Without forward, there is no half-halt but without half-halt, there is no forward. (Click to tweet this if you agree.)
Let me explain.
Has it ever happened to you that after you kicked (or preferably, didn't kick but used more seat/leg for energy), the horse flew out from under you, running faster and faster until he fell to the forehand and perhaps had to scramble his way back to balance?
Has it ever happened that you went to half-halt (or check) and the horse braced his neck against your pressure, slowed the rhythm and reduced energy until you thought you were stuck in quicksand?
In both cases, there is one aid given to the horse but the other is missing. And there seems to be no other way: if you want to control energy, you have to have energy in the first place. If there is no energy, there is no controlling.
What to do?
We have to learn the coordination between "go and no" - all the while, keeping our balance to give the appropriate aids while not pulling on the reins.
Teach your horse to kick (not literally!) into gear when you use a light leg and encouraging seat (that floats right into the movement that your horse offers). Then, before it's too late and he loses balance completely, use a restricting seat, contact with your (probably outside) rein, and a little leg to help the horse's hind end to come underneath his body.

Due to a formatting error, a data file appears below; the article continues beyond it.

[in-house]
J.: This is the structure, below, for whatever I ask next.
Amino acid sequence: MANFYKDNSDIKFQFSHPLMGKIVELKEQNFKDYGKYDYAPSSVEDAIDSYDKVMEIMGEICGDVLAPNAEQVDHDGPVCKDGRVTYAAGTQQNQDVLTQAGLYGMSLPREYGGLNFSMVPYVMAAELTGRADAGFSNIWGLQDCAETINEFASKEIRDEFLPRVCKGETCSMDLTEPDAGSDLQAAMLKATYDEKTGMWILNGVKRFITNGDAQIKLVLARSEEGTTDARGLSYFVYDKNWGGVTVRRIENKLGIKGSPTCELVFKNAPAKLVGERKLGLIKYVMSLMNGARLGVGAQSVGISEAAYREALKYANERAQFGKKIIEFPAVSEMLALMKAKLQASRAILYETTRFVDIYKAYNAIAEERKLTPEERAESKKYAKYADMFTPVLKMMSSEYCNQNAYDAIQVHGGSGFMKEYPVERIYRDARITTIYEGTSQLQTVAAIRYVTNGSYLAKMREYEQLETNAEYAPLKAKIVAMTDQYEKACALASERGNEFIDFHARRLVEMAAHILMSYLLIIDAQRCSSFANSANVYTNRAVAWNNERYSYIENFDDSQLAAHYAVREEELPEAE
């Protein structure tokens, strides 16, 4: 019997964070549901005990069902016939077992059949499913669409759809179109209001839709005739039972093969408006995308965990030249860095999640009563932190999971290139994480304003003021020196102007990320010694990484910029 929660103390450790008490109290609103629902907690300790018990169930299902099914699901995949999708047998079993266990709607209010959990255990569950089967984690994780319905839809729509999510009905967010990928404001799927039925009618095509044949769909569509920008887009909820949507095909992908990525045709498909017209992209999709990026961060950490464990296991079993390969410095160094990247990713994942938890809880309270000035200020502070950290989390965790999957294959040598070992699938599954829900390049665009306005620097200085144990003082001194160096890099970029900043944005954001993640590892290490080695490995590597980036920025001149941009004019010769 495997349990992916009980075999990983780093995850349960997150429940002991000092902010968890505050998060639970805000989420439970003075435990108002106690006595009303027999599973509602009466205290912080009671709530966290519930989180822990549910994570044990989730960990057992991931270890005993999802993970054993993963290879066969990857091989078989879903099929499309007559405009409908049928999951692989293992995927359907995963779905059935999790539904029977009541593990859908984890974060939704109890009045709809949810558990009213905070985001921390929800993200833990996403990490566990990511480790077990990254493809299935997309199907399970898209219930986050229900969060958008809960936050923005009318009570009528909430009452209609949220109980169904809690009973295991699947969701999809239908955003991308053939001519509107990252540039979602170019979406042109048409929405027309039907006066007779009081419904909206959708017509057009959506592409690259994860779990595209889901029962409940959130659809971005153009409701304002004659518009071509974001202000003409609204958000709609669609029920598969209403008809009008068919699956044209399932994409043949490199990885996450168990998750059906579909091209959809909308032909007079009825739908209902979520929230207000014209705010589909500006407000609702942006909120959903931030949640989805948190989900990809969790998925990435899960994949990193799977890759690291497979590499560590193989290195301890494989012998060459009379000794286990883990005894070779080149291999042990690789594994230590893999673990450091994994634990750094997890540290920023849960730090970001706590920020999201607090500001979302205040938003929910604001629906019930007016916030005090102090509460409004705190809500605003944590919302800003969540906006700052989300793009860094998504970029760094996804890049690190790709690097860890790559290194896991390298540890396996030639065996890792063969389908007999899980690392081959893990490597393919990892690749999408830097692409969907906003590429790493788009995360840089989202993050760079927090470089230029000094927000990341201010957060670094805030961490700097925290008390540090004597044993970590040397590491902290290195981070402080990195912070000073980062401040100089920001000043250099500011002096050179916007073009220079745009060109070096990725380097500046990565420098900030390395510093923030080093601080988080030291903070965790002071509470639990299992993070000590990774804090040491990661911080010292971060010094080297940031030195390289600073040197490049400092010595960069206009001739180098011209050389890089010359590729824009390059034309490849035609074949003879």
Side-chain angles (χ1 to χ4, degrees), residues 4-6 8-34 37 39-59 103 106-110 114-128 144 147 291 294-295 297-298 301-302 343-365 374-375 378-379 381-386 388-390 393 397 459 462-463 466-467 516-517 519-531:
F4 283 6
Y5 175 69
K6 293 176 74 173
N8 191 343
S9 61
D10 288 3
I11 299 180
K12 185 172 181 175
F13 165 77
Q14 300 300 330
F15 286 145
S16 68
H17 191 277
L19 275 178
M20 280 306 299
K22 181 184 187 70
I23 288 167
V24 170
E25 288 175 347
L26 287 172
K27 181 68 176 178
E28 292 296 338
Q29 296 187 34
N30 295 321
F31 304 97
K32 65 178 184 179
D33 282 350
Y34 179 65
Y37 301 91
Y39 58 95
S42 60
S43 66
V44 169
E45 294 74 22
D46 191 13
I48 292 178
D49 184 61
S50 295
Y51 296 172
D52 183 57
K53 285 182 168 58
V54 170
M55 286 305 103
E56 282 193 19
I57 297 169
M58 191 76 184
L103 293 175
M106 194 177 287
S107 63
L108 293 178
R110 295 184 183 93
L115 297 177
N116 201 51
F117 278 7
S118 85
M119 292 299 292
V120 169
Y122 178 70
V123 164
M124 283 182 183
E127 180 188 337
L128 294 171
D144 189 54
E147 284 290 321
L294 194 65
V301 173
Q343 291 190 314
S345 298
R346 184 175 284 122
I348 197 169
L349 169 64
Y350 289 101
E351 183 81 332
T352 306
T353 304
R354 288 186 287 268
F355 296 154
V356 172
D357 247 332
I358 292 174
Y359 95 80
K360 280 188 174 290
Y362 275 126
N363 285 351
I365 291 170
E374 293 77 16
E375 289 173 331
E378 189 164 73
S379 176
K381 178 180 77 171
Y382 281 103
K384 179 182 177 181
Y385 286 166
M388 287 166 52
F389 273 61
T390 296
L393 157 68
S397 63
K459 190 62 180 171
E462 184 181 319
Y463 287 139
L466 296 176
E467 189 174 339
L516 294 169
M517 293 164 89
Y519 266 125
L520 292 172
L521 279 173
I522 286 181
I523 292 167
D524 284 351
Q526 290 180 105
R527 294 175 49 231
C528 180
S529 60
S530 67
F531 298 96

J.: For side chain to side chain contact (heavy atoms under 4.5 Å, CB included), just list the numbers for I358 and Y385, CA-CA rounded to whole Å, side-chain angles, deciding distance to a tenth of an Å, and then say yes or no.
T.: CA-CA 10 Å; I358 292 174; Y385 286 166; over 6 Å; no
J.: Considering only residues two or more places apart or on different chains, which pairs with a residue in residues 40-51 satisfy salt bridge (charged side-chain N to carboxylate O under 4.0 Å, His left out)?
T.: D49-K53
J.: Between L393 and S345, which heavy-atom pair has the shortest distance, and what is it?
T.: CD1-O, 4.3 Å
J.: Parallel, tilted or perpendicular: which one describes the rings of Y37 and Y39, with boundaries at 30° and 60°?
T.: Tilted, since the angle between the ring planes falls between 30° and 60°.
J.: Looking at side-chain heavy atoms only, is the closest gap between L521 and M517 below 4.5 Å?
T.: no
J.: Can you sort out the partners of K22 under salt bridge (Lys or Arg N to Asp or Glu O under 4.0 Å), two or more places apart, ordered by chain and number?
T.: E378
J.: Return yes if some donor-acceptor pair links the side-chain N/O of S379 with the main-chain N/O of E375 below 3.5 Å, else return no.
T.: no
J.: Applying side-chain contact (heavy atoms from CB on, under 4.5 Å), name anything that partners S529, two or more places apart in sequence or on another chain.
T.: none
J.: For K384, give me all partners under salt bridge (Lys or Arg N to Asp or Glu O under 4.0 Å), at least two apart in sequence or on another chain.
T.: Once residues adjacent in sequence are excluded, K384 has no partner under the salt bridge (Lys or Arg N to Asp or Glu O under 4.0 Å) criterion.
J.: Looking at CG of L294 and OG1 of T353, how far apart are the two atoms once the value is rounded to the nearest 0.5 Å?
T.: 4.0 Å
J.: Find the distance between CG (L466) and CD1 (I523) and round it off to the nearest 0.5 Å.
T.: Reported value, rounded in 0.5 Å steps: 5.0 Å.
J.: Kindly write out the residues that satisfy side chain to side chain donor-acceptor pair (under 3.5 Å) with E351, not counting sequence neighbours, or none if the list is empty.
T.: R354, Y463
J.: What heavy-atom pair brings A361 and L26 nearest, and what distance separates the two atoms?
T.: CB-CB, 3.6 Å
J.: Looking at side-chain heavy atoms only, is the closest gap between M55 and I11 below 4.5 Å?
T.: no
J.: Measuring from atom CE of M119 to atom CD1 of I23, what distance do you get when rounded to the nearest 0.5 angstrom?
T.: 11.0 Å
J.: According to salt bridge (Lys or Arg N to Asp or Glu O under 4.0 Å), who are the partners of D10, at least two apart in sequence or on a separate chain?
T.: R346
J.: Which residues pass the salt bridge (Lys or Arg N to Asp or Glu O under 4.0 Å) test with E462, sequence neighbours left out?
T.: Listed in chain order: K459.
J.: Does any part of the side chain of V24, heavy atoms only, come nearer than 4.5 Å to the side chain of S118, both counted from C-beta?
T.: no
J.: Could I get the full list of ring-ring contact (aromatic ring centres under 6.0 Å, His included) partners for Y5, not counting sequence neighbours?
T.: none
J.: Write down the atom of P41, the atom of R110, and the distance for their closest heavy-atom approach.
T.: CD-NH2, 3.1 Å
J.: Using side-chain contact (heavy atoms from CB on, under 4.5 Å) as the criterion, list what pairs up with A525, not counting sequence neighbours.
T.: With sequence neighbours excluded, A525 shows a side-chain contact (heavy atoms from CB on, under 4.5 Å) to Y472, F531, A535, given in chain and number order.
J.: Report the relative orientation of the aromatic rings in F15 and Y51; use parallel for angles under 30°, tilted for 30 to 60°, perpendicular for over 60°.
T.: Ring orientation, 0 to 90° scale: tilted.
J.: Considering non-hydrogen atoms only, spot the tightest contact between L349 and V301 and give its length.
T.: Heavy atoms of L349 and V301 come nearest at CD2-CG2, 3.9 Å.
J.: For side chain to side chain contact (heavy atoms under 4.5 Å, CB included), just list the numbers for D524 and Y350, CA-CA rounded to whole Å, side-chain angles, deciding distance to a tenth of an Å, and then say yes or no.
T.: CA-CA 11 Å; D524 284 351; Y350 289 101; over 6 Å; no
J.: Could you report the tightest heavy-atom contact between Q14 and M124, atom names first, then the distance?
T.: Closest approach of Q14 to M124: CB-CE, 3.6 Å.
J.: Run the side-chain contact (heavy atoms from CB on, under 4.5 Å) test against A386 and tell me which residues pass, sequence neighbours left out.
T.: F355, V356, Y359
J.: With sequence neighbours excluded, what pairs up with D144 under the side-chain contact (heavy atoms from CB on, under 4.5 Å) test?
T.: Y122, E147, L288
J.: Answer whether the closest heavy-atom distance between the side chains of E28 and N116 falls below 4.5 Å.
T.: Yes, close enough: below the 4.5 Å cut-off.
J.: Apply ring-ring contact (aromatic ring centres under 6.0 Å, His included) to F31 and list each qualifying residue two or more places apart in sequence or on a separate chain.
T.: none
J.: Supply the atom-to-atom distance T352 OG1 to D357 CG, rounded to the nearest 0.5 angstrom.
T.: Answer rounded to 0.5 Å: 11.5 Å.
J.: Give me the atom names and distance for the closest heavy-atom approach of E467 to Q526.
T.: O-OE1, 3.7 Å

See if he steps deeper underneath his body, rounds more, becomes bouncier, and breathes deeper (or gives you a well-earned snort). Look for more swing in his stride, more reach through his shoulders, and a lighter contact pressure on the reins.
The rhythm should be unaffected. A half-halt is a re-balance; it isn't a "putter down into the slower gait little by little and let the energy peter out." Therefore, the idea isn't to interfere with the horse's gait and tempo. Instead, your aim is to celebrate the energy your horse gives you and redirect it not only straight forward, but also a little upward, so the overall balance tilts a little to the hind end.
Keep your balance.
Encourage more energy.
Keep the tempo the same (not faster or slower).
Get the "go", then get the "no".
And let us know how it works out in the comment section below.
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Stepping “Forward” in Horse Riding: The term ‘forward’ is used liberally in horse riding but is often misunderstood.
The #1 Problem of the Year: The Outside Rein! The outside rein is the most underused and poorly understood of all the aids, and here’s why.
6 Ways to Unleash the Power of Your Riding Seat: As you become more subtle in the aiding process, you will begin to discover just how powerful the seat can be in guiding the horse without disturbing and interfering in his movement.
Demystifying “Contact” in Horseback Riding: Does “contact” have other-wordly connotations? Here is why effective contact is within reach of the average rider.